the government wants to steal money from hard working hookers. - the webmaster
Nevada considers reducing deficit by taxing brothels
Feb. 15, 2003 12:00 AM
PAHRUMP, Nev. - The manager of one of Nevada's ritziest brothels proudly walks the 297 acres that surround the Resort at Sheri's Ranch, pointing to the new expansion that opened last year. She glows when talking about the sports bar with a commercial kitchen, the themed bungalows, the Jacuzzi rooms.
"Business is good," Laraine Harper says.
So good that several influential Nevada lawmakers think the industry should do more than fulfill sexual fantasies. The state faces a deficit of up to $704 million, and some legislators want to tax the fees of Nevada hookers in what could be the ultimate sin tax.
"Everybody should pay," says Assemblywoman Sheila Leslie, D-Reno. "It should be taxed just like any other entertainment."
Taxing bordellos, though, could further legitimize an industry that many people in the state would rather ignore, hurt small rural counties that depend on revenue from local brothel taxes and drive legal prostitutes into the illicit world of private practice.
The owners aren't particularly enthused, either.
"What are the girls going to do?" asks Geoff Arnold, president of the Nevada Brothel Association. "Have a calculator in the room? The girls aren't the best at math."
They may have to learn.
Gov. Kenny Guinn has proposed a 7.3 percent tax on entertainment and admissions that's expected to generate $82.5 million in its first year. His proposal lists movies, professional sporting events, adult cabarets, strip clubs, art galleries and beauty contests, among others, as subject to the tax. Brothels aren't listed in the 1,100-page proposal, but they also are not listed among exempted businesses, which include massage, yoga, recreational rentals and golf.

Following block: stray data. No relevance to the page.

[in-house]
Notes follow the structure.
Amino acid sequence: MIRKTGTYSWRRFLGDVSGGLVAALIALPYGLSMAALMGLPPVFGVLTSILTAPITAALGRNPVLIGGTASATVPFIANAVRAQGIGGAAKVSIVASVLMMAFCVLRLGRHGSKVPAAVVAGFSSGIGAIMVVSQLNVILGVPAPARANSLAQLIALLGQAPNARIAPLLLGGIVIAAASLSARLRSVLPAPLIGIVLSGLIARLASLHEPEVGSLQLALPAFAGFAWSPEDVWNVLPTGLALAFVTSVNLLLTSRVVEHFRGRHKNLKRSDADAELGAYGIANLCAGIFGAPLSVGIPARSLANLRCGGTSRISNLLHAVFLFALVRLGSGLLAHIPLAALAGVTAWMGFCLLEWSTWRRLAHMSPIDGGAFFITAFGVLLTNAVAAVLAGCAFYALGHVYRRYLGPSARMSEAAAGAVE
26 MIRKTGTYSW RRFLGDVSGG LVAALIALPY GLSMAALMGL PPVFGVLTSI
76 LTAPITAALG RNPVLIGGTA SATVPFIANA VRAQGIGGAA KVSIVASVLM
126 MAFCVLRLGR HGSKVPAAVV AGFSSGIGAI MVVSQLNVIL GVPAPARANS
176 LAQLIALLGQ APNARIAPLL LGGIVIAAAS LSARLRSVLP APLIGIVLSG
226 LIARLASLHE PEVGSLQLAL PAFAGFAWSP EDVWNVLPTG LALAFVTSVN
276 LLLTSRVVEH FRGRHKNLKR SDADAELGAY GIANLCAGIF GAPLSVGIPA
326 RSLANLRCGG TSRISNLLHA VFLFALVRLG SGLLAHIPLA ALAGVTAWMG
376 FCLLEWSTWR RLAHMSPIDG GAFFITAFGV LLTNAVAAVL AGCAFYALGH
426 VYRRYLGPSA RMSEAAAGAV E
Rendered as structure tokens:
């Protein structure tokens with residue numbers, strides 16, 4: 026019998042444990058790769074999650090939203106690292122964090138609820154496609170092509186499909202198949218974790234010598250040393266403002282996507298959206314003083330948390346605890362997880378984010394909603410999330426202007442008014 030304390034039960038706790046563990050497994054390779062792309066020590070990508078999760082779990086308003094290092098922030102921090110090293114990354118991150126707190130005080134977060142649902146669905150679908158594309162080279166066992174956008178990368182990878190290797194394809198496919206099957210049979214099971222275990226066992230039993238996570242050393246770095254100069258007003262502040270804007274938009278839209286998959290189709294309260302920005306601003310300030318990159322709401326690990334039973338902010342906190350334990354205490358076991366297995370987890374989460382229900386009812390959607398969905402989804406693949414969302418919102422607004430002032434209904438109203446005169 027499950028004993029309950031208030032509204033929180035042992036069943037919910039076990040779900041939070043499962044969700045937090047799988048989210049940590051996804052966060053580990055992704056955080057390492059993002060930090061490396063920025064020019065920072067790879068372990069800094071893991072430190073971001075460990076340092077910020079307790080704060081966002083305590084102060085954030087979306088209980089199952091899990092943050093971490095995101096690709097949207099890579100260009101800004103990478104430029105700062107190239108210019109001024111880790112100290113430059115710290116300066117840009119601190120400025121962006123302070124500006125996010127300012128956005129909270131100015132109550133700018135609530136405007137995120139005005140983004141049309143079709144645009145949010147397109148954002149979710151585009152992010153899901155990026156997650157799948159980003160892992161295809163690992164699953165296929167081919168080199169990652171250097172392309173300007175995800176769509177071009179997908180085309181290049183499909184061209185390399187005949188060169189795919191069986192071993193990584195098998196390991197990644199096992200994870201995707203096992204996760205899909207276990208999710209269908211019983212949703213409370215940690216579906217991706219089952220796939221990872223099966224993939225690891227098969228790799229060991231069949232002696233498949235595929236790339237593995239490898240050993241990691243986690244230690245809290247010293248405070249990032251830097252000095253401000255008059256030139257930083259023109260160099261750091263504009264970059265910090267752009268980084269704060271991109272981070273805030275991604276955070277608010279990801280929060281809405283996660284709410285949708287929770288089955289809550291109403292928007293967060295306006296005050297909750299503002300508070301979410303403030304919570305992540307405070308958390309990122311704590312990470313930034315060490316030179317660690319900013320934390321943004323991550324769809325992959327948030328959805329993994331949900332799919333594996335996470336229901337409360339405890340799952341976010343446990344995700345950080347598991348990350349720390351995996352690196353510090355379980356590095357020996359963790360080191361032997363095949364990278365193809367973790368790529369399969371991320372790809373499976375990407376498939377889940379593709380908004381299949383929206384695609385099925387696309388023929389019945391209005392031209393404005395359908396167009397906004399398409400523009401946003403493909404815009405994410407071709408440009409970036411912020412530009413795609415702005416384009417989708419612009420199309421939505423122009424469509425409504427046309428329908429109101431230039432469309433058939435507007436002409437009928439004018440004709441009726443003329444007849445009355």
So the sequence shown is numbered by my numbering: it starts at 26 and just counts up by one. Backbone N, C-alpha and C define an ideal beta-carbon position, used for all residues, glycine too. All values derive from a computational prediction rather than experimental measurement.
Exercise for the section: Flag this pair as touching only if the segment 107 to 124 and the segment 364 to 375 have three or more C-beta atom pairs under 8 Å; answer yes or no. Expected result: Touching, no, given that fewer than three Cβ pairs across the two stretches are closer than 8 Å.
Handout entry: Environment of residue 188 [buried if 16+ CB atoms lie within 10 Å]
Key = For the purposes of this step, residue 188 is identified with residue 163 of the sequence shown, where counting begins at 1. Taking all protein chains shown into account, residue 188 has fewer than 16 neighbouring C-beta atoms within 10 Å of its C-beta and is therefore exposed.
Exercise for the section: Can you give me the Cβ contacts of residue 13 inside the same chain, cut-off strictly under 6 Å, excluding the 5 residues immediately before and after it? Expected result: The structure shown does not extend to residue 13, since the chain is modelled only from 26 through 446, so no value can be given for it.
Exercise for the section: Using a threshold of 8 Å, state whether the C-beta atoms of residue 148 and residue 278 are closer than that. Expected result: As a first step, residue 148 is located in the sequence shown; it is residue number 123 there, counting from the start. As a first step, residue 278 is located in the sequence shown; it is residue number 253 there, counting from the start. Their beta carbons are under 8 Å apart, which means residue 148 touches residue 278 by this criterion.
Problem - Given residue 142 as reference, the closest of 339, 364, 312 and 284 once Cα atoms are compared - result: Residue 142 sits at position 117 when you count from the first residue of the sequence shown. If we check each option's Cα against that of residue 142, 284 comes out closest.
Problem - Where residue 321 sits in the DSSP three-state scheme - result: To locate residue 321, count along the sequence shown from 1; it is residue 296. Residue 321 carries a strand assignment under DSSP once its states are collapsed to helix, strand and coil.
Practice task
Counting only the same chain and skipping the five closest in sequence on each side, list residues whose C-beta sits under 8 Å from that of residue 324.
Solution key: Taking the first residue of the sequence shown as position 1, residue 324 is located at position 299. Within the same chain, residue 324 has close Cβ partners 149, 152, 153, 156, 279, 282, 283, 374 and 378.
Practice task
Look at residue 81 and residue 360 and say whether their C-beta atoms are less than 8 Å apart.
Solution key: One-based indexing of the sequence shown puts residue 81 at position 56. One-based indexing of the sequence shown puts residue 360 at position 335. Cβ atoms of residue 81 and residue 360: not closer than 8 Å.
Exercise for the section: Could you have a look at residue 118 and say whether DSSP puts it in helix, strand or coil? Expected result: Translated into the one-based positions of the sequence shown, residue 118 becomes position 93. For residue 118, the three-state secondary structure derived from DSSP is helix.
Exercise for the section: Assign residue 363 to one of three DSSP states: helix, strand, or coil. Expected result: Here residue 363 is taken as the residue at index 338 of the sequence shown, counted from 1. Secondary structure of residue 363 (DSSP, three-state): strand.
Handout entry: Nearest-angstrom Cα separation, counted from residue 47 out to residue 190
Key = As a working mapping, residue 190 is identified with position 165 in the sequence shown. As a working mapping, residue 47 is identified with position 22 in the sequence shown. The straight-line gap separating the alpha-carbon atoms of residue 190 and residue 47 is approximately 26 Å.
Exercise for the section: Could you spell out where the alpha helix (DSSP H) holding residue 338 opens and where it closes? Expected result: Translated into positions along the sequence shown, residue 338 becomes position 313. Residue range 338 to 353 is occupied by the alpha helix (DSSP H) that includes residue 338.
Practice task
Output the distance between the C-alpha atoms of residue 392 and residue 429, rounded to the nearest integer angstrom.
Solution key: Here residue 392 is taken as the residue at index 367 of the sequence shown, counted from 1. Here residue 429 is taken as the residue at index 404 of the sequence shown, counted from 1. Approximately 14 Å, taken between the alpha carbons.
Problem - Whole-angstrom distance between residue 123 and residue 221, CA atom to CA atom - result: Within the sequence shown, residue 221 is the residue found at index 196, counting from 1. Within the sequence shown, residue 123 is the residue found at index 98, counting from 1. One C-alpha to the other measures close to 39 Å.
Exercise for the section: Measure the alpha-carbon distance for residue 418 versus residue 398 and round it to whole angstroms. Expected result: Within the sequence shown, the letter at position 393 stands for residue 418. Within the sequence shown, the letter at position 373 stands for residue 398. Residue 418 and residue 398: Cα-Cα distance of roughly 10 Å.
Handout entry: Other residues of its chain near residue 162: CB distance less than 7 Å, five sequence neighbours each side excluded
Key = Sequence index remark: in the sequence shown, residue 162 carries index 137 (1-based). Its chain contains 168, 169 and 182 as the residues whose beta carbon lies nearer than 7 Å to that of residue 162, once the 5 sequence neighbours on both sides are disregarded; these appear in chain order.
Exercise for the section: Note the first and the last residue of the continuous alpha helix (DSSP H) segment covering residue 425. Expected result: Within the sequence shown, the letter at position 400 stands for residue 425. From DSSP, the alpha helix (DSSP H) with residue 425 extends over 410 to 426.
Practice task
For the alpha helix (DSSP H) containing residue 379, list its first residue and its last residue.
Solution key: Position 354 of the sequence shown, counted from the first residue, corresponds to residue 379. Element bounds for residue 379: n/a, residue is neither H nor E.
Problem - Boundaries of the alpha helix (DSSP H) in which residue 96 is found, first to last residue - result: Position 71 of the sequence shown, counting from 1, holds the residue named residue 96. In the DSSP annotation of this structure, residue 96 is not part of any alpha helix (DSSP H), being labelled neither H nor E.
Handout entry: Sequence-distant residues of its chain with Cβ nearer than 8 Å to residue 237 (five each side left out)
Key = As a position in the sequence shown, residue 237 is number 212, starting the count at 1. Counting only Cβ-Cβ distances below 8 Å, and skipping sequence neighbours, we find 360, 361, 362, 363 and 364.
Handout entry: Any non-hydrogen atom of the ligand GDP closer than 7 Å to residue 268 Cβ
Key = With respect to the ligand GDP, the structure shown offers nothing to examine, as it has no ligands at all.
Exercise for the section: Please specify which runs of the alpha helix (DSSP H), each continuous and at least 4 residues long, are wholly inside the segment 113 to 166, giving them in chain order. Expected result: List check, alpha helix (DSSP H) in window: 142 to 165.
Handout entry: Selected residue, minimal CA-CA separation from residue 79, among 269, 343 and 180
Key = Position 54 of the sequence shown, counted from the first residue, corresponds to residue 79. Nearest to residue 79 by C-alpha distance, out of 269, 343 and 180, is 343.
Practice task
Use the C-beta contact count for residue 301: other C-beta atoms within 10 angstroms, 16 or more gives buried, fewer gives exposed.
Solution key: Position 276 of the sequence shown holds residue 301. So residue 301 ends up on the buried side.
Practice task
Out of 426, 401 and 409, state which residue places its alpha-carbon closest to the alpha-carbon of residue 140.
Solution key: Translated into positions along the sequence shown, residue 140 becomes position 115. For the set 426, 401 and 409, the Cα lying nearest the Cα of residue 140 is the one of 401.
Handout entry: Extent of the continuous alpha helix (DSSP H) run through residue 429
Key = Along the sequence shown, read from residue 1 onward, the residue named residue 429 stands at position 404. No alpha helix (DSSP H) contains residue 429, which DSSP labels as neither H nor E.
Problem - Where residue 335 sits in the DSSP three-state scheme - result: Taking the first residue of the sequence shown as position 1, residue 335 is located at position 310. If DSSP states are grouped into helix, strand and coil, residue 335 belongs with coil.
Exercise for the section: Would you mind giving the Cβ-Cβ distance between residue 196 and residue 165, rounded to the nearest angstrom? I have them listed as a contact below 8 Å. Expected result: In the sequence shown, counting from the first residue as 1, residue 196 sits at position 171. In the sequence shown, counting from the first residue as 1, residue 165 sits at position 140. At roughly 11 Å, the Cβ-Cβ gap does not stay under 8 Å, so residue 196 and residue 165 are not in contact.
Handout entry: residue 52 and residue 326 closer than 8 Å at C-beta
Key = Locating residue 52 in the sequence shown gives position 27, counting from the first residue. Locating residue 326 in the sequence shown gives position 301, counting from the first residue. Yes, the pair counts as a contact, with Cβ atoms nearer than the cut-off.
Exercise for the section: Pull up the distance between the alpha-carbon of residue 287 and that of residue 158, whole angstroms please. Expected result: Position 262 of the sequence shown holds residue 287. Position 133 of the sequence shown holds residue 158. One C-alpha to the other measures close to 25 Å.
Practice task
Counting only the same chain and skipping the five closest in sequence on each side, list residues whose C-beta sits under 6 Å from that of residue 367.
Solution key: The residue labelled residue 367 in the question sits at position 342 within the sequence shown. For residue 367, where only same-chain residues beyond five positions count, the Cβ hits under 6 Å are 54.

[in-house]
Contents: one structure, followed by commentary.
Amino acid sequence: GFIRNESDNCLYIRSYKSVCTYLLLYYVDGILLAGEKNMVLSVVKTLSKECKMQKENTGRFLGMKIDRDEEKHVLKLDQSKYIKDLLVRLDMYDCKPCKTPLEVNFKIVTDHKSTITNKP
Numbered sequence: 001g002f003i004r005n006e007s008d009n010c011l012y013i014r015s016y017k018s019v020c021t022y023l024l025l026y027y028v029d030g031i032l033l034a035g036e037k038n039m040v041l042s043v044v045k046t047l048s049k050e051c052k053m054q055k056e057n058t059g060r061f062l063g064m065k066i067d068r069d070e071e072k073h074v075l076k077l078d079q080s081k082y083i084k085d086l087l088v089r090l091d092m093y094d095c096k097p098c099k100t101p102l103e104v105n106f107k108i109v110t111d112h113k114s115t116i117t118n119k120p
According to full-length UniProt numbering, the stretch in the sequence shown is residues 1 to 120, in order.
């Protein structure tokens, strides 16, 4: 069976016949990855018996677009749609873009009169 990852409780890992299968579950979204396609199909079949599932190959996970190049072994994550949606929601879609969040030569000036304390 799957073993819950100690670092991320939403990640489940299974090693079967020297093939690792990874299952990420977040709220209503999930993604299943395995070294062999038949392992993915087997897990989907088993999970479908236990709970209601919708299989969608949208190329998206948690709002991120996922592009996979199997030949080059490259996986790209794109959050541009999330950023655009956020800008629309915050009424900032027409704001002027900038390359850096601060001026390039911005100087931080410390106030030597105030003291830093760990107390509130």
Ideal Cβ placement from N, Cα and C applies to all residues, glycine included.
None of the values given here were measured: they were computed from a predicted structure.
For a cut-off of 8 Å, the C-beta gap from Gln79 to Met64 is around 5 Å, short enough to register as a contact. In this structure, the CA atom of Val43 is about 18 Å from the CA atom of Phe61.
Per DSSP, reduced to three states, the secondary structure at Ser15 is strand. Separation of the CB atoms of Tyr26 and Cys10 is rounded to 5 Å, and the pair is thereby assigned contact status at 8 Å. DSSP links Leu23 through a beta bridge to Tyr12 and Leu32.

Perry Comeaux, the state's director of administration, says the details will be fleshed out by lawmakers.
There are 28 licensed brothels operating in 10 of Nevada's 17 counties. They generate tens of millions of dollars in profits, Arnold says, though precise numbers are guarded as trade secrets. The state Health Division estimates 365,000 sex acts, or 1,000 a day, are performed in Nevada's brothels annually.
The brothels employ hundreds of women and paid more than $500,000 to counties for licenses, room taxes and other fees last year. The counties use the money for a variety of purposes; in Nye County, it finances a $120,000-a-year ambulance service.
Some counties fear a state tax would could pinch off that revenue.
"If it puts one of them out of them business, it would hurt the county," Storey County Commissioner Greg Hess says. "For some of these rural counties, the brothels are a major source of income. It's pretty hard to replace that income."
Prostitutes are contract workers, with most splitting their fees with the brothels. Prices can range from $200 to $50,000 at Sherri's, which is about an hour west of Las Vegas in dusty Pahrump.
Sheri's is valued at $4.5 million, says Toni North, chief deputy treasurer of Nye County. Harper says that the expansion cost $7 million and that the brothel intends to build a $42 million golf course. The brothel, which bills itself as "world famous," handled more than 10,000 customers last year.